Wayne Wang shared with me in interview that his wife tells him that he was a woman in a previous life, and with titles that include The Joy Luck Club and Maid in Manhattan. His wife, I am guessing, is right. Wang seems to understand the make up of women, their sensibilities and the manor in which both their brains and emotions work. In The Joy Luck Club he combined this intuition with beautiful cinematograph that captured a story. Maid in Manhattan, while following a more traditional Hollywood formula, still had the hallmarks of a woman. Snowflower and the Secret Fan is no exception.
Snowflower, at its heart, is the story of friendship and the lifelong bond of two women. The film is based on Lisa See’s bestselling novel. However, Wang adds in a modern twist by literally adding in a second more modern version of See’s story to the film. Snowflower and Nina inhabit the world of See’s novel set in 19th centuryChina. Their counterparts Lily and Sophia live in modern time.
The world of Snowflower and Nina is both fascinating and beautiful. The audience bears witness to the hardship of the 19th century Chinese woman through foot-binding and arranged marriages. It is a world that seems remote, yet in actuality is not that far behind us — historically speaking. Switch out to the modern version of this story set in beautiful and vivacious Shanghai. Lily and Sophia feel worlds away, and that is just how the film reads, disjointed. The edits between the two worlds are rough and Wang’s choice to use Chinese, in 19th century and English in modern day Shanghai only amplify this feeling. It is difficult to ever really immerse yourself in either world, and that is a shame because the aspects of 19th China are beautifully portrayed, from the costume design to the sets each frame reading like a photograph to be studied.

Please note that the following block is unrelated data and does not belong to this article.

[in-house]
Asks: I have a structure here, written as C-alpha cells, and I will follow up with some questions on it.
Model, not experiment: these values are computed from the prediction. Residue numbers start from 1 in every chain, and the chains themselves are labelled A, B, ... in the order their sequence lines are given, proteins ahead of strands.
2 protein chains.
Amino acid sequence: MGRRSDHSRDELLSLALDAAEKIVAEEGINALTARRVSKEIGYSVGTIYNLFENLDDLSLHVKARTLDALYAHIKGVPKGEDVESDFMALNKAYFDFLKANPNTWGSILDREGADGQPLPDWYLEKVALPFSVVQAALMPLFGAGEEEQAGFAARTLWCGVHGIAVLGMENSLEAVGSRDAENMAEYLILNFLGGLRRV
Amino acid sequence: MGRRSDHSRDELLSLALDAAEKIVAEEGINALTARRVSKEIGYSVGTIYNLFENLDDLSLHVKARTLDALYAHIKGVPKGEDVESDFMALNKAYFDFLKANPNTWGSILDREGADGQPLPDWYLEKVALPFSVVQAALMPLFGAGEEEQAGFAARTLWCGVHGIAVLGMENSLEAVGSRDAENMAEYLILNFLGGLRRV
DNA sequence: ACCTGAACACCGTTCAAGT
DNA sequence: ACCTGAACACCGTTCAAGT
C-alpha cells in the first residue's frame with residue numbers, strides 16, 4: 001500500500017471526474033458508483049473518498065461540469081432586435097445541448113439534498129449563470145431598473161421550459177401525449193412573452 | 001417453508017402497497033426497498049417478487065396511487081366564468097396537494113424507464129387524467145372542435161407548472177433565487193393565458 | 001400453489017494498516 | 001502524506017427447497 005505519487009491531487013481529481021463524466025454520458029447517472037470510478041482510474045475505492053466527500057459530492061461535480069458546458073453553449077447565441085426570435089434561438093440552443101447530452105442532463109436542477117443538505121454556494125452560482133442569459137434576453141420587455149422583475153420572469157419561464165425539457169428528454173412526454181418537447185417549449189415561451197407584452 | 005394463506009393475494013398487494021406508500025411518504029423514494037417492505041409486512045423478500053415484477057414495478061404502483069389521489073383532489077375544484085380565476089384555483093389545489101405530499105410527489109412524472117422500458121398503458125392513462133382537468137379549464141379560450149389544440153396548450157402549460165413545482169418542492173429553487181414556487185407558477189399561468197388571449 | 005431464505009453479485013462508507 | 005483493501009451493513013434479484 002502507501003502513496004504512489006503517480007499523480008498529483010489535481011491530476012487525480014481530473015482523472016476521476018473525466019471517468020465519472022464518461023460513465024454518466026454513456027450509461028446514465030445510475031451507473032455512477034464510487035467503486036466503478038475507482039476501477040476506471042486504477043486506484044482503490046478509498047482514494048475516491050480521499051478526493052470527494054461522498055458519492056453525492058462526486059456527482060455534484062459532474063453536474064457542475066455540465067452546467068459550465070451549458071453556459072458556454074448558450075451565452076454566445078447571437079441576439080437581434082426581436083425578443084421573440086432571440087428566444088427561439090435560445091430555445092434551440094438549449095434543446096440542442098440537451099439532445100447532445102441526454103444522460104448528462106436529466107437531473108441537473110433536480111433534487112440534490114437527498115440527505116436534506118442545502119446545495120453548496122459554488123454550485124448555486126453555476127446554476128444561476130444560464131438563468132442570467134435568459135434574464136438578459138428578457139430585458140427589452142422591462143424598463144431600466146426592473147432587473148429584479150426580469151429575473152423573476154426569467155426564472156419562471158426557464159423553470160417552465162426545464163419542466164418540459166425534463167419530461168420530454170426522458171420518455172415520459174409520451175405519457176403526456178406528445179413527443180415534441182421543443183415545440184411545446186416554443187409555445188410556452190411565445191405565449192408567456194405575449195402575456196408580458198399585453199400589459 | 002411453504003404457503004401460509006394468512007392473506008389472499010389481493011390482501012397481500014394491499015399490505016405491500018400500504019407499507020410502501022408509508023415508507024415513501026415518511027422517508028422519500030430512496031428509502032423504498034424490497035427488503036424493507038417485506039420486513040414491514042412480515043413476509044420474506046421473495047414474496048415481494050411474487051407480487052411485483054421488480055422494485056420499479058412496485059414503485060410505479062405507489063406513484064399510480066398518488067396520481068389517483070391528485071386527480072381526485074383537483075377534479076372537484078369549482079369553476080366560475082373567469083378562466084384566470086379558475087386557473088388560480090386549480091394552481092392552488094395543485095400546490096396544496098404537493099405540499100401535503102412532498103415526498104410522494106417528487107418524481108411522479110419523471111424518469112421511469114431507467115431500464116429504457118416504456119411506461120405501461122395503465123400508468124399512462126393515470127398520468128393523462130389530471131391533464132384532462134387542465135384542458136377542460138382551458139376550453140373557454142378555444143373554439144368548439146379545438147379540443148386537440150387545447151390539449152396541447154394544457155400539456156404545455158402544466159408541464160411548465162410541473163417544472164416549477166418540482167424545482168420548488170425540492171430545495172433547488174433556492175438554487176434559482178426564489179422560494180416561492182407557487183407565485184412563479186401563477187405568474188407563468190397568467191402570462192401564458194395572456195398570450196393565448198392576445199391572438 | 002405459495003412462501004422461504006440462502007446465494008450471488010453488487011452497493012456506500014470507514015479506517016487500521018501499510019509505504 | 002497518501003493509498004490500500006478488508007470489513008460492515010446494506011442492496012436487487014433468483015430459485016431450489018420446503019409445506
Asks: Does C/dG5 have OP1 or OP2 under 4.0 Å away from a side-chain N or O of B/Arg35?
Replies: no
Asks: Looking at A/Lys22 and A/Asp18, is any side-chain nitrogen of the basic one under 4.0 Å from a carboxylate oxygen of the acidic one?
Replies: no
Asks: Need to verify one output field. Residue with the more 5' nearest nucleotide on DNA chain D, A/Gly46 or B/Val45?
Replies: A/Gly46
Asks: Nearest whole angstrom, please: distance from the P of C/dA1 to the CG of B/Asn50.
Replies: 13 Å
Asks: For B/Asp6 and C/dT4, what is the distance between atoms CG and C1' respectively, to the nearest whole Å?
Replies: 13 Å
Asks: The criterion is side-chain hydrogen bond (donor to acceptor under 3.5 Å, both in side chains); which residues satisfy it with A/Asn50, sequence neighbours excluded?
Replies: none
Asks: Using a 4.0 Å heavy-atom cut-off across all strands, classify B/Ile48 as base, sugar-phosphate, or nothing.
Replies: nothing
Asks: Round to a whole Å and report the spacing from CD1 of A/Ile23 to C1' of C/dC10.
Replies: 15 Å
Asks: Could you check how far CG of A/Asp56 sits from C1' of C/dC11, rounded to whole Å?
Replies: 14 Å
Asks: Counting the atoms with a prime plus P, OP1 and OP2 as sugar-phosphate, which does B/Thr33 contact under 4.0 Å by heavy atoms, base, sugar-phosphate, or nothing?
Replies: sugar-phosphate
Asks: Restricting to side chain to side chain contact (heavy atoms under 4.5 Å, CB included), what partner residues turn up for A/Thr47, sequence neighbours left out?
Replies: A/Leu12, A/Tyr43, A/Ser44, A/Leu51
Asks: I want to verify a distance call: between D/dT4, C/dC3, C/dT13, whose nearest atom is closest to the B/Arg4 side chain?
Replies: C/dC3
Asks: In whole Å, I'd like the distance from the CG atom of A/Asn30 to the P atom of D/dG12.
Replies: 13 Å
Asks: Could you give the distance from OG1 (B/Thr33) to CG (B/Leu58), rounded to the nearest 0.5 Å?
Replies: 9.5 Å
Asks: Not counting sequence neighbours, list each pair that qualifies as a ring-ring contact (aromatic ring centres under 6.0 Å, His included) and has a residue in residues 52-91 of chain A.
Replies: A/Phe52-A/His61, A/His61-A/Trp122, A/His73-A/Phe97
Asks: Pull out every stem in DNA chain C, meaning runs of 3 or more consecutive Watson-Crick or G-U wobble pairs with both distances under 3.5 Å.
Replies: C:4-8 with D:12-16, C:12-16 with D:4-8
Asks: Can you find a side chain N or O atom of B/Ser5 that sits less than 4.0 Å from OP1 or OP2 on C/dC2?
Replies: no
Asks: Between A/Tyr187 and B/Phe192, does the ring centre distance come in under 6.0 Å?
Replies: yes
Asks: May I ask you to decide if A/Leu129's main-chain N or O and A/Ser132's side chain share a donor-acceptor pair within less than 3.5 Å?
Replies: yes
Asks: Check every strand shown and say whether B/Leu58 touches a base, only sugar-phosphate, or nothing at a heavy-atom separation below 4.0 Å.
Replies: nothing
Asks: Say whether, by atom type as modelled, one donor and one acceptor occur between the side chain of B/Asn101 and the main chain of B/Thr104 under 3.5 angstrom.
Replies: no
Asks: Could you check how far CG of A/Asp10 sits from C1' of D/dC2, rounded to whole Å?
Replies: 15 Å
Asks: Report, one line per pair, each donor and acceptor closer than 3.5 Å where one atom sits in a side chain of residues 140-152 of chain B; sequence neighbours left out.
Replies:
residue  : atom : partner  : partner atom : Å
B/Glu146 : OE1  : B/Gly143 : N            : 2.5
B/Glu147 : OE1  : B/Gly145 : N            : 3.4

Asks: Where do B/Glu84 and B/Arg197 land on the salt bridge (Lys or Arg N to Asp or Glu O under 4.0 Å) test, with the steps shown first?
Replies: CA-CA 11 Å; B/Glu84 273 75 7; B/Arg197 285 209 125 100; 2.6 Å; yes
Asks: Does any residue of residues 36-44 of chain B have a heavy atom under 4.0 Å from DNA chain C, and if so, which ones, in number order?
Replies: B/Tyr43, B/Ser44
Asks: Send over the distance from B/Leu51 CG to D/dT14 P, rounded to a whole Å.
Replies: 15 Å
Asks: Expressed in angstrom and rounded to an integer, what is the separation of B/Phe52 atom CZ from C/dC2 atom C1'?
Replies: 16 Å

This disjointedness also affects Wang’s ability to connect with the female audience, a skill that generally comes easily to Wang feels forced. Again the history here is fascinating, the practice of LaoTongs, a legal contract made between two women and the use of nu shu, the secret language of women, are illustrated wonderfully. It seems like a disruption to have modern day Lily and Sophia on the same screen.
Rachel Portman’s score and the music in the film, in the old world that is, are wonderful. The modern day scene in a nightclub featuring Hugh Jackman singing, I can pass on. It is images and scenes like this that make the film feel fragmented and hard to follow.
I left the screening wondering what the film would have been like, had Wang simply stuck to the telling the story 19th century China and the woman that inhabited that world. I have a hunch that I would have left the theater immersed in the old world, most likely having difficulty shaking it, rather than wanting to read Lisa See’s novel to learn more about Snowflower and Nina and their world, which I guess is not a bad thing if you are See and not Wang. My advice, skip the film and read the book.